Riders and observers are encouraged to wear red and ribbon skirts to a motorcycle ride representing resilience and memorializing and honoring MMIW.
The event will kick off with a bike blessing, coffee and donuts, before the riders set out on San Diego’s back country roads on their way to the ending point, Indian Motorcycle of San Diego at 9240 Clairemont Mesa Blvd.
At the conclusion of the ride, participants will be treated to music, food, raffles, guest speakers, Native Bird Singers and more.
The event is sponsored by Medicine Wheel Ride, a community group for female Native American motorcycle enthusiasts and allies.
Visit www.medicinewheelride.com for more information.
Priority Sticker Show
WHEN: Friday, April 30, 3 p.m. – 7 p.m. PDT
WHERE: Rebel Prints, Albuquerque, N.M., Rebel Prints Facebook
Pop art goes postal at the Priority Sticker Show at Rebel Prints, owned by Laguna Pueblo artist and screen printer Karl “King Karl” Bautista.
Thirteen artists, half of which are Indigenous from tribes including the Laguna Pueblo, Navajo Nation, Santo Domingo Pueblo and Yaki, will offer their takes on the urban trend of adorning USPS Priority Mail stickers, envelopes and boxes with groovy graffiti-inspired designs.
The show will also feature a vendor market and a Slappy Wall for decorated stickers.
Indigenous Beadwork of the Great Basin
WHEN: Now through Oct. 23
WHERE: The Stewart Indian School Cultural Center & Museum, Carson City, Nev. Check out: www.stewartindianschool.com. Call: 775-687-7608.
The Indigenous people of Nevada’s Great Basin happen to be brilliant beaders.
Let your eyes dive into their intricate masterpieces, including a 75,000-bead painting of Nevada’s Pyramid Lake by Northern Paiute artist Burton Pete, at the Stewart Indian School Cultural Center & Museum in Carson City.
Featuring pieces from Stewart Alumni and members of the Great Basin Native Artists Collective, the new exhibit “Indigenous Beadwork of the Great Basin” includes an array of items from goblets to cradleboards, and celebrates the artistic achievements of the Northern and Southern Paiute, Western Shoshone, and Washoe people.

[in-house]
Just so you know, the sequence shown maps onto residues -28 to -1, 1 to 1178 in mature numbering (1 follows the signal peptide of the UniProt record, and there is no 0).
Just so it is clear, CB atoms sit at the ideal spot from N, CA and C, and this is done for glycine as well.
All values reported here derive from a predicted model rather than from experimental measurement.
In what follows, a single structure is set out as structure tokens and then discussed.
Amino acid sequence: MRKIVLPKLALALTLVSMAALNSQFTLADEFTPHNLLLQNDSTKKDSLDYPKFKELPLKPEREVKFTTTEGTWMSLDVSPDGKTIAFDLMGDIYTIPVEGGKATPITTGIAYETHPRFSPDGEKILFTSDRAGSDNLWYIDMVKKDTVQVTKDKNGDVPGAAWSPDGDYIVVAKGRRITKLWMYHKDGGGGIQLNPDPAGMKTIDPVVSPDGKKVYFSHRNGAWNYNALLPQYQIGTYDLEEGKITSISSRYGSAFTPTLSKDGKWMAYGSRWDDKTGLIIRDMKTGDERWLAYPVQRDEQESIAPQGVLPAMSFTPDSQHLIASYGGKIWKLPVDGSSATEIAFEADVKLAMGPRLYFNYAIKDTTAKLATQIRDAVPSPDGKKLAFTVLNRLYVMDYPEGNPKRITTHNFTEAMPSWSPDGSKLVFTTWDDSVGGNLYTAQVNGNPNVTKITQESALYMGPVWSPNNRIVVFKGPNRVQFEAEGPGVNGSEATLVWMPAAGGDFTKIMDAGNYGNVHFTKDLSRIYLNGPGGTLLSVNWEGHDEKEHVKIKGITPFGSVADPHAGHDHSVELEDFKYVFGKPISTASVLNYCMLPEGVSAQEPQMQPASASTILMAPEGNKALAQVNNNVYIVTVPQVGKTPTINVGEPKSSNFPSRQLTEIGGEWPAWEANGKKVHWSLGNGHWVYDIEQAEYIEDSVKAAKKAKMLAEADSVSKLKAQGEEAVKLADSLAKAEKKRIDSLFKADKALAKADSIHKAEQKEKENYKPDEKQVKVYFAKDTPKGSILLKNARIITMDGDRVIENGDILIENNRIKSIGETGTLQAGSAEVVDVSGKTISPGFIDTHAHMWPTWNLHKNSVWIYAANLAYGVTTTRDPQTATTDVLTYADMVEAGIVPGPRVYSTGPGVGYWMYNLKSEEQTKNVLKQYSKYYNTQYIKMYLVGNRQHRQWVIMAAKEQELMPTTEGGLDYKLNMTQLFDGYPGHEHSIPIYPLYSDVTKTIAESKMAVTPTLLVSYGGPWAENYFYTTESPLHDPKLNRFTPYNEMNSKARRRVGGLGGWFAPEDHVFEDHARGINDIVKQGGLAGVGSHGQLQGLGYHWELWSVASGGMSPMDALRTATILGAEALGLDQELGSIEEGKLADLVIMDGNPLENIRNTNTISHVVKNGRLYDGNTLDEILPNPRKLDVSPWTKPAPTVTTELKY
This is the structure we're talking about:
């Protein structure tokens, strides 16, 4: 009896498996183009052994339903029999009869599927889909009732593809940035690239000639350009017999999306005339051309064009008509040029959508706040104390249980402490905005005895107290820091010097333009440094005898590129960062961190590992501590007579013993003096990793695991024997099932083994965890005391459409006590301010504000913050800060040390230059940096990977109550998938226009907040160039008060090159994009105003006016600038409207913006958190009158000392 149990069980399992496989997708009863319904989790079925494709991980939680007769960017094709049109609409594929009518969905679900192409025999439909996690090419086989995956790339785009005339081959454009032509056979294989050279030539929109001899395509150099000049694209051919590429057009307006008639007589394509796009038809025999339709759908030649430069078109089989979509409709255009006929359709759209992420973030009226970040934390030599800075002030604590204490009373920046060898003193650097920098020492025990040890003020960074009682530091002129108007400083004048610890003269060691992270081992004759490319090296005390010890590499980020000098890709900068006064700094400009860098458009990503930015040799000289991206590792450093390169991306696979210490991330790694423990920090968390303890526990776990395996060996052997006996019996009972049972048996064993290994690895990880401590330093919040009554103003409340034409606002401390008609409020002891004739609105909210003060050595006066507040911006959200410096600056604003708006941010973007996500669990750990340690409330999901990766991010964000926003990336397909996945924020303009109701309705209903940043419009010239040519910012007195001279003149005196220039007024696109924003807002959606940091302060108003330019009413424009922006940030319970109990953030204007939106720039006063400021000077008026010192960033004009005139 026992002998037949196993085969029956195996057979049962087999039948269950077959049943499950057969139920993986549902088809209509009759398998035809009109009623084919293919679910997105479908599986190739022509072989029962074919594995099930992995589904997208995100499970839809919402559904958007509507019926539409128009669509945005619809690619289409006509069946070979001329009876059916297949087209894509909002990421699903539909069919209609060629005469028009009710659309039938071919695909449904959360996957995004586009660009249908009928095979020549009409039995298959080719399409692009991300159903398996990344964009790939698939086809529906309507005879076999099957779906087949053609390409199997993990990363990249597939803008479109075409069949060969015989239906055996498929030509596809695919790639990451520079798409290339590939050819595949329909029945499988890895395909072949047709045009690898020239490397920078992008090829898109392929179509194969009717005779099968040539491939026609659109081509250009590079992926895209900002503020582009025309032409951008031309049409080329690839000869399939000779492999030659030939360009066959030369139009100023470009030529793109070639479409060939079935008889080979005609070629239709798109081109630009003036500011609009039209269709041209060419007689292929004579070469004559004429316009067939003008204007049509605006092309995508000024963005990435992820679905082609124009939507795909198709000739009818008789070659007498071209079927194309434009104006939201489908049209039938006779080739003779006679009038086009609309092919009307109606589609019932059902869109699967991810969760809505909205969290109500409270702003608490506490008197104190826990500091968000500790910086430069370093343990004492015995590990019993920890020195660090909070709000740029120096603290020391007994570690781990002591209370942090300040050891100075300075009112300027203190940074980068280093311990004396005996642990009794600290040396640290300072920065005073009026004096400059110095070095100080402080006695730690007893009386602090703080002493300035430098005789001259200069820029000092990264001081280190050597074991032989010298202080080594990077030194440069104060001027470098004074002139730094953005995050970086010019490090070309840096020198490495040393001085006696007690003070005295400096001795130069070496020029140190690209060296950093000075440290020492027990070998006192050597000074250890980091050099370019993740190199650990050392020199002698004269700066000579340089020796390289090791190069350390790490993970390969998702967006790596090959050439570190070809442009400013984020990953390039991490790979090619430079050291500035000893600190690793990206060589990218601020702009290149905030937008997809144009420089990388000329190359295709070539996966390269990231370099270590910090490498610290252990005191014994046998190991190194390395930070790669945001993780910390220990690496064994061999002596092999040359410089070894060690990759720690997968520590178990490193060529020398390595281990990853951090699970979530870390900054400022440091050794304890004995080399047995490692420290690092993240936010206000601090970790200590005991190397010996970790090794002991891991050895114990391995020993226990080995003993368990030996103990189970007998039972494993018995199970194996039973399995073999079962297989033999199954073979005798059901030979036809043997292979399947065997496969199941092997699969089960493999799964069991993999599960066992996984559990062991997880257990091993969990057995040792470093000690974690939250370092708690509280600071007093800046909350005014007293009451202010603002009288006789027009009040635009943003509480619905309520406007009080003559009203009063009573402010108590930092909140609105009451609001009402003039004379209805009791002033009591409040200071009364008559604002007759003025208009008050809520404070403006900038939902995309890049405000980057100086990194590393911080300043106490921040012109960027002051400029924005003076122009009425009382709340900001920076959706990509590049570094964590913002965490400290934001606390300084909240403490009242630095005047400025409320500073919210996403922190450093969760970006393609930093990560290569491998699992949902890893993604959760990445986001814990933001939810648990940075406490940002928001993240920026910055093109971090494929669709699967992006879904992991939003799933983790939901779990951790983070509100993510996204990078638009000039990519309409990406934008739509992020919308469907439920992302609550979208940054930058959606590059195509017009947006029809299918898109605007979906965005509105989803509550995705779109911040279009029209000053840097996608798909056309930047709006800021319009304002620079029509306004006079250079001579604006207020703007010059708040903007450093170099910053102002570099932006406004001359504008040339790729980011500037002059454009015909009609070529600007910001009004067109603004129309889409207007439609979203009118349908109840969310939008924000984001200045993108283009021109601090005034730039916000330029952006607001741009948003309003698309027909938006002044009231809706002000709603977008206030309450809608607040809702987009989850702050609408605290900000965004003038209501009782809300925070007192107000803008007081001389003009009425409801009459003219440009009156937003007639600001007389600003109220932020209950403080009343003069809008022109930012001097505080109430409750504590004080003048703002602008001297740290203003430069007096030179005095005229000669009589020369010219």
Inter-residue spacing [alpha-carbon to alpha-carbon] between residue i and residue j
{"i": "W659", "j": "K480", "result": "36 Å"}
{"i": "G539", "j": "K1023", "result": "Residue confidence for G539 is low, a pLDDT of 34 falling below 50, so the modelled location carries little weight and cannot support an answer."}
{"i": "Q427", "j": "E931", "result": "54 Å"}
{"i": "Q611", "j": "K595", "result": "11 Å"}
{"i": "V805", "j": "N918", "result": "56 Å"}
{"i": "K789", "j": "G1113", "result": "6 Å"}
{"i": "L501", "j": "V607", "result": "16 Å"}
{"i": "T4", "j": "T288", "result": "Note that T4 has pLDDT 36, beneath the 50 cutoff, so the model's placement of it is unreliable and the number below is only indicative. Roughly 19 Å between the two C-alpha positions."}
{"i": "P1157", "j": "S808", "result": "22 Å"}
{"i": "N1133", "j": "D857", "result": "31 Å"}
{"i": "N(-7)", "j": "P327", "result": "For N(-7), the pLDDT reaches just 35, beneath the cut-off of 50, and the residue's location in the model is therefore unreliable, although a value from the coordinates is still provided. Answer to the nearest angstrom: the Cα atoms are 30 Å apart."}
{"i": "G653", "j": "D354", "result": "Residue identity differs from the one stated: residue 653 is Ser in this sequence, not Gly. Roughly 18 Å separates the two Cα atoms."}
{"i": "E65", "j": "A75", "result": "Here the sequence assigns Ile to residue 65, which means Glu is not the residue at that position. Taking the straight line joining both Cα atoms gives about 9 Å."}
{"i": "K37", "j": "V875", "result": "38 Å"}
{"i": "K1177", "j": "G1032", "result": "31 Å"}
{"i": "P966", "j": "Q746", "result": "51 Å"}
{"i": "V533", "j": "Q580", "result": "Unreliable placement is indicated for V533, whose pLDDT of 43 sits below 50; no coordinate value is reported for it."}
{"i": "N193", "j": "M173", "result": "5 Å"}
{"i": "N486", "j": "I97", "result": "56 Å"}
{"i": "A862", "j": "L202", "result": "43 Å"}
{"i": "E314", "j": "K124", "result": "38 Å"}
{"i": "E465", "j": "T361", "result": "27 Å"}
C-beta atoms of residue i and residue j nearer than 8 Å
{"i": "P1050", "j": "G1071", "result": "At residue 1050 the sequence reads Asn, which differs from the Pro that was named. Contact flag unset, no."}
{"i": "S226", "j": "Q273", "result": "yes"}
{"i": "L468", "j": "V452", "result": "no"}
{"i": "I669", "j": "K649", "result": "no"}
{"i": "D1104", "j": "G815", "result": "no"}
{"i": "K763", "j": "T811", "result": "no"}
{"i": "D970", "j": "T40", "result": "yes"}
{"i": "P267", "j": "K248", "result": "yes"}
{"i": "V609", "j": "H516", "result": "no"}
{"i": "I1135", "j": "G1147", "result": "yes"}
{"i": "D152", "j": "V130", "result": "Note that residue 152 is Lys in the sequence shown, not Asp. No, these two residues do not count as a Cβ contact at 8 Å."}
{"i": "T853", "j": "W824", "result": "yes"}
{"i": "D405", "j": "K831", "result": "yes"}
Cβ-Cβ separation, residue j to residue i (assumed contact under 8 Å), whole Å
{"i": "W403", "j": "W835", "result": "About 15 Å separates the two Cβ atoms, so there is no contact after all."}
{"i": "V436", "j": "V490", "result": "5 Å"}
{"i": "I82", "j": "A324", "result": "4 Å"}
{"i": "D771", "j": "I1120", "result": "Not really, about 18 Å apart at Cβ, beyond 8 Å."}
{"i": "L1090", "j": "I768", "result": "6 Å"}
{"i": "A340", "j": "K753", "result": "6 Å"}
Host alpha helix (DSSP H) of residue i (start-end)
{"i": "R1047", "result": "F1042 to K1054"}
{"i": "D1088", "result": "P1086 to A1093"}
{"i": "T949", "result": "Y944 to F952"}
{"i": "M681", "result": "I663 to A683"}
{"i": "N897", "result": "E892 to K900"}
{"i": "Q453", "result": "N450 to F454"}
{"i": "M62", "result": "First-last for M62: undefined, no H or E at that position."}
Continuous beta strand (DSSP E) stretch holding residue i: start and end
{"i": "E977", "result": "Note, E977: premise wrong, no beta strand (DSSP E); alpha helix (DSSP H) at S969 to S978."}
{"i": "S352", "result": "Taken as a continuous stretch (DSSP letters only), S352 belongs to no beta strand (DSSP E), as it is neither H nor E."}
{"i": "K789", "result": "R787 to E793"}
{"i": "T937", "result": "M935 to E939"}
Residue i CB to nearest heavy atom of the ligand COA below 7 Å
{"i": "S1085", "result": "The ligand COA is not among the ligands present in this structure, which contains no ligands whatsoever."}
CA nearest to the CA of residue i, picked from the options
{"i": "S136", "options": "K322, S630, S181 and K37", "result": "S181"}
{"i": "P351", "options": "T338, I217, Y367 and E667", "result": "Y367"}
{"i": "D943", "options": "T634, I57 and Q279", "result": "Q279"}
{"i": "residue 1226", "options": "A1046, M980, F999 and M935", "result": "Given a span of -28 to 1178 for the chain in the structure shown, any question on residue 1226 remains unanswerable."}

More Stories Like ThisHere’s What’s Going in Indian Country: Sept. 22-31
‘Reservation Dogs’ Gets Season 3 Renewal from FX
4th Annual Native American Animation Lab Opens Call for Applications
Arts Organization, Museum Debut New Residency Grant for Indigenous Artists
Detroit Lions Rookie Malcolm Rodriguez Joins the Community of Indigenous NFL Players
Do you appreciate a Native perspective on the news?
For the past decade-plus, we’ve covered the important Indigenous stories that are often overlooked by other media. From the protests at Standing Rock and the toppling of colonizer statues during the racial equity protests, to the ongoing epidemic of Murdered and Missing Indigenous Women (MMIW) and the past-due reckoning related to assimilation, cultural genocide and Indian Boarding Schools, we have been there to provide a Native perspective and elevate Native voices.
Our news is free for everyone to read, but it is not free to produce. That’s why we’re asking you to make a donation this month to help support our efforts. Any contribution — big or small — helps us remain a force for change in Indian Country and continue telling the stories that are so often ignored, erased or overlooked. Most often, our donors make a one-time gift of $20 or more, while many choose to make a recurring monthly donation of $5 or $10. Whatever you can do, it helps fund our Indigenous-led newsroom and our ability to cover Native news.
Donate to Native News Online today and support independent Indigenous journalism. Thank you.